Difficulty: This and the Open Division are the places where difficulty does have a significant impact. The difficulty of assembling some of the kits available on the market can vary widely from manufacturer to manufacturer. Especially when dealing with a plastic kit like those produced by Tamiya and Games Workshop to the five piece resin game oriented kits put out by other manufacturers.
       
      Creativity: There is not a lot of creativity involved with a straight up kit build, but when someone goes to the extra lengths to “upgrade” their kits with after market or hand made parts that impacts the creativity component. This is the equivalent of a conversion in the other divisions.
       
      Workmanship: This is really a key component for this division and the proposed change reflects that. Any type of non-painting effort is represented here. This is includes your ability to do conversions and/or scratch sculpt or at least be able to blend your entry in with the scene you have constructed. A missed mold line, poor assembly or a poorly executed conversion could easily drop you a while numeric value in the scoring.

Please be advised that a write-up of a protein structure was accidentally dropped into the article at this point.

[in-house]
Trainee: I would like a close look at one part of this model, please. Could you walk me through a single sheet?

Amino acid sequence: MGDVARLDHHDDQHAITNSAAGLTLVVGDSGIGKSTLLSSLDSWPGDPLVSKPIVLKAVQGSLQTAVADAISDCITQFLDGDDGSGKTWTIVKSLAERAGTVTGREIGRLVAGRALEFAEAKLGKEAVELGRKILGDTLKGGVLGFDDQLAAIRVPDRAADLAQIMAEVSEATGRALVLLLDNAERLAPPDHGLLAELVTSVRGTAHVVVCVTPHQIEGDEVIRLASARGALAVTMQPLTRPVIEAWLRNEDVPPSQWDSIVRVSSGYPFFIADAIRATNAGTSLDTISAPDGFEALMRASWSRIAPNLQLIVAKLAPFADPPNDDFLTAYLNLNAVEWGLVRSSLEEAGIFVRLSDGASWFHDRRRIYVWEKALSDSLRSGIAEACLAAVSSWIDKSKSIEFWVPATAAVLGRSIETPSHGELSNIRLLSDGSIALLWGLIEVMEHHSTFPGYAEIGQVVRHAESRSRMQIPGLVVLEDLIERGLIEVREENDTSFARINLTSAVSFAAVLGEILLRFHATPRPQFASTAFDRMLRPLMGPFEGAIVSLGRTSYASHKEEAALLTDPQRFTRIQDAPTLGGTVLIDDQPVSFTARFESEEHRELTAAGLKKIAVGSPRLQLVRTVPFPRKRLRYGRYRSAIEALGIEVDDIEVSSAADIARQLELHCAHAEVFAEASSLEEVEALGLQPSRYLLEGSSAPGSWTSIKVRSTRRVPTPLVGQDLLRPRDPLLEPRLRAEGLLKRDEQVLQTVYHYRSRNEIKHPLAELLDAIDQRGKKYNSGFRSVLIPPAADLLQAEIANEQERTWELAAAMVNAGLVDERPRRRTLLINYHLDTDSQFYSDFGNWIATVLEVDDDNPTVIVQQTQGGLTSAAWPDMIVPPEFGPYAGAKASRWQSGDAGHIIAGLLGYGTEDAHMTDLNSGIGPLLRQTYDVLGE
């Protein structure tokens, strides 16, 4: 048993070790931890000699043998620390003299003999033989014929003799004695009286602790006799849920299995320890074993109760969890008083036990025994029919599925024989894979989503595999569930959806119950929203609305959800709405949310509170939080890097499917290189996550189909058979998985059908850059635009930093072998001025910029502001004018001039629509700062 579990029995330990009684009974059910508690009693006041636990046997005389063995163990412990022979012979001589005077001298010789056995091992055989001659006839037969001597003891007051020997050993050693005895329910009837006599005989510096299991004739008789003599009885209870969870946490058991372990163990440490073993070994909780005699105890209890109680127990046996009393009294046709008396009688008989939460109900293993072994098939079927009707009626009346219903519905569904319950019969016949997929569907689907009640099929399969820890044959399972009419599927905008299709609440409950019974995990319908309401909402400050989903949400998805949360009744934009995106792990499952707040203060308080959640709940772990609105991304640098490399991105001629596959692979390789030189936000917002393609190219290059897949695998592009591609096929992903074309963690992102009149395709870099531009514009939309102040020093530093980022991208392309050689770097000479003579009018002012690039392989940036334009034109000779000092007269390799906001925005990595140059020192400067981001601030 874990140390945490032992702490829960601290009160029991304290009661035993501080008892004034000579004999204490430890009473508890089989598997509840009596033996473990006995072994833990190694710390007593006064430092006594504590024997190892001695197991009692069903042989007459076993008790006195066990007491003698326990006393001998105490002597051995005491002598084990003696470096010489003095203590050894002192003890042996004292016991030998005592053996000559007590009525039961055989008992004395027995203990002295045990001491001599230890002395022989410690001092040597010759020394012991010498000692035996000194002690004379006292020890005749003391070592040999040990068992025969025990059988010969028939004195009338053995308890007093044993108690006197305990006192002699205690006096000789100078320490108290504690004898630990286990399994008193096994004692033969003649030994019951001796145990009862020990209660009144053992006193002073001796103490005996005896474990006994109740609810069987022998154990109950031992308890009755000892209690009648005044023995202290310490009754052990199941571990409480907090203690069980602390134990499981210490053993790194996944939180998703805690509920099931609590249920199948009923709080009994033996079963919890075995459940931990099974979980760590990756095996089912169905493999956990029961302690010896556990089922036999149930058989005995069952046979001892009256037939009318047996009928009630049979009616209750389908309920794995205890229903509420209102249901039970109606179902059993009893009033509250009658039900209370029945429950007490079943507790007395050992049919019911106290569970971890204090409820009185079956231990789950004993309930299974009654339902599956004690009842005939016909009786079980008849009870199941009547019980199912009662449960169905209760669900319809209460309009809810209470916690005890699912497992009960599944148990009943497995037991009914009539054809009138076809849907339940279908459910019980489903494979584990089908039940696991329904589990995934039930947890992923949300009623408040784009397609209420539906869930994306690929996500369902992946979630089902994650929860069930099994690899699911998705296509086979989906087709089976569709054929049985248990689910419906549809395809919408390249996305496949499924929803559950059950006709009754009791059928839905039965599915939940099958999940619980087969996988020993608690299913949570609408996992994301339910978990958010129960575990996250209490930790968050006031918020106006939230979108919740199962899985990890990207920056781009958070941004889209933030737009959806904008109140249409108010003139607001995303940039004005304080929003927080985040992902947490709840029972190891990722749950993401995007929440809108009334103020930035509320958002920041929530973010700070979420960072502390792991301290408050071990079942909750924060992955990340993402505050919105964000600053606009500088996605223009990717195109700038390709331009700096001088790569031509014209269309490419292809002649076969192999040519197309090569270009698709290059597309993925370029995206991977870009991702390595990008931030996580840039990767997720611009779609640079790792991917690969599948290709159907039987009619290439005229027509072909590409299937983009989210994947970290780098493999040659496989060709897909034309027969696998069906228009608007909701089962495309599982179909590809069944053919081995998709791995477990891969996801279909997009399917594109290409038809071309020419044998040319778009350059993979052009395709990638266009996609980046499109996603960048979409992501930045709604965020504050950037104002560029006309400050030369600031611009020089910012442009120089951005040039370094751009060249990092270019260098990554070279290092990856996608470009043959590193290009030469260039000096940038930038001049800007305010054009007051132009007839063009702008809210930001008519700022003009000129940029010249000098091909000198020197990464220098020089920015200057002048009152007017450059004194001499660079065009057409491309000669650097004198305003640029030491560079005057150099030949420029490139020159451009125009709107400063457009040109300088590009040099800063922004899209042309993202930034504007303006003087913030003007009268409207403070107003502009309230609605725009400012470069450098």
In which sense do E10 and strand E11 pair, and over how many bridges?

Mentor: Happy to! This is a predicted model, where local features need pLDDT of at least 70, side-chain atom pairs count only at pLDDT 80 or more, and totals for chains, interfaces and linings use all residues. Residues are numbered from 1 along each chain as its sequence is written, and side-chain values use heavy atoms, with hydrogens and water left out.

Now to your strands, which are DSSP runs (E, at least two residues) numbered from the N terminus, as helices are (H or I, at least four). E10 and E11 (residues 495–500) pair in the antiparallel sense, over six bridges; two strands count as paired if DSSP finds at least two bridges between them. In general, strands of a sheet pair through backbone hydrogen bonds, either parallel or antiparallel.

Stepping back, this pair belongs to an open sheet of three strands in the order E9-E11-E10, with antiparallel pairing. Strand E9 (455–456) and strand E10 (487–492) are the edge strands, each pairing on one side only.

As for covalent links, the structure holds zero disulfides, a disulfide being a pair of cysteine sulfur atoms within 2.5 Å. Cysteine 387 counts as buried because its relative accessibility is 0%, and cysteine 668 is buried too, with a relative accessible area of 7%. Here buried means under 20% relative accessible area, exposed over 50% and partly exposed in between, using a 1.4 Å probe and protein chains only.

Painting Skill: Everything that was said about painting still applies in the Diorama Division but there is less emphasis. At this point workmanship and creativity components exceed the painting component (as currently proposed). There are a few other mediums that are often used in this category, like weathering powders, the application of those mediums falls into the painting component. While we don’t expect your abilities to be exactly equal in those areas you cannot count on your ability to paint alone to carry you over the top.
       
      Presentation: While not the most important component in the Armor/Ordnance Division it is another example of getting the little things right. A nice, well executed base will set the “scene” for your entry. It can be the simple or it can be more elaborate. I would save the effort on a really elaborate base for an entry in the Open or Diorama divisions. This component is one that a judge will often use when making that final decision between scores, a tie breaker as it were.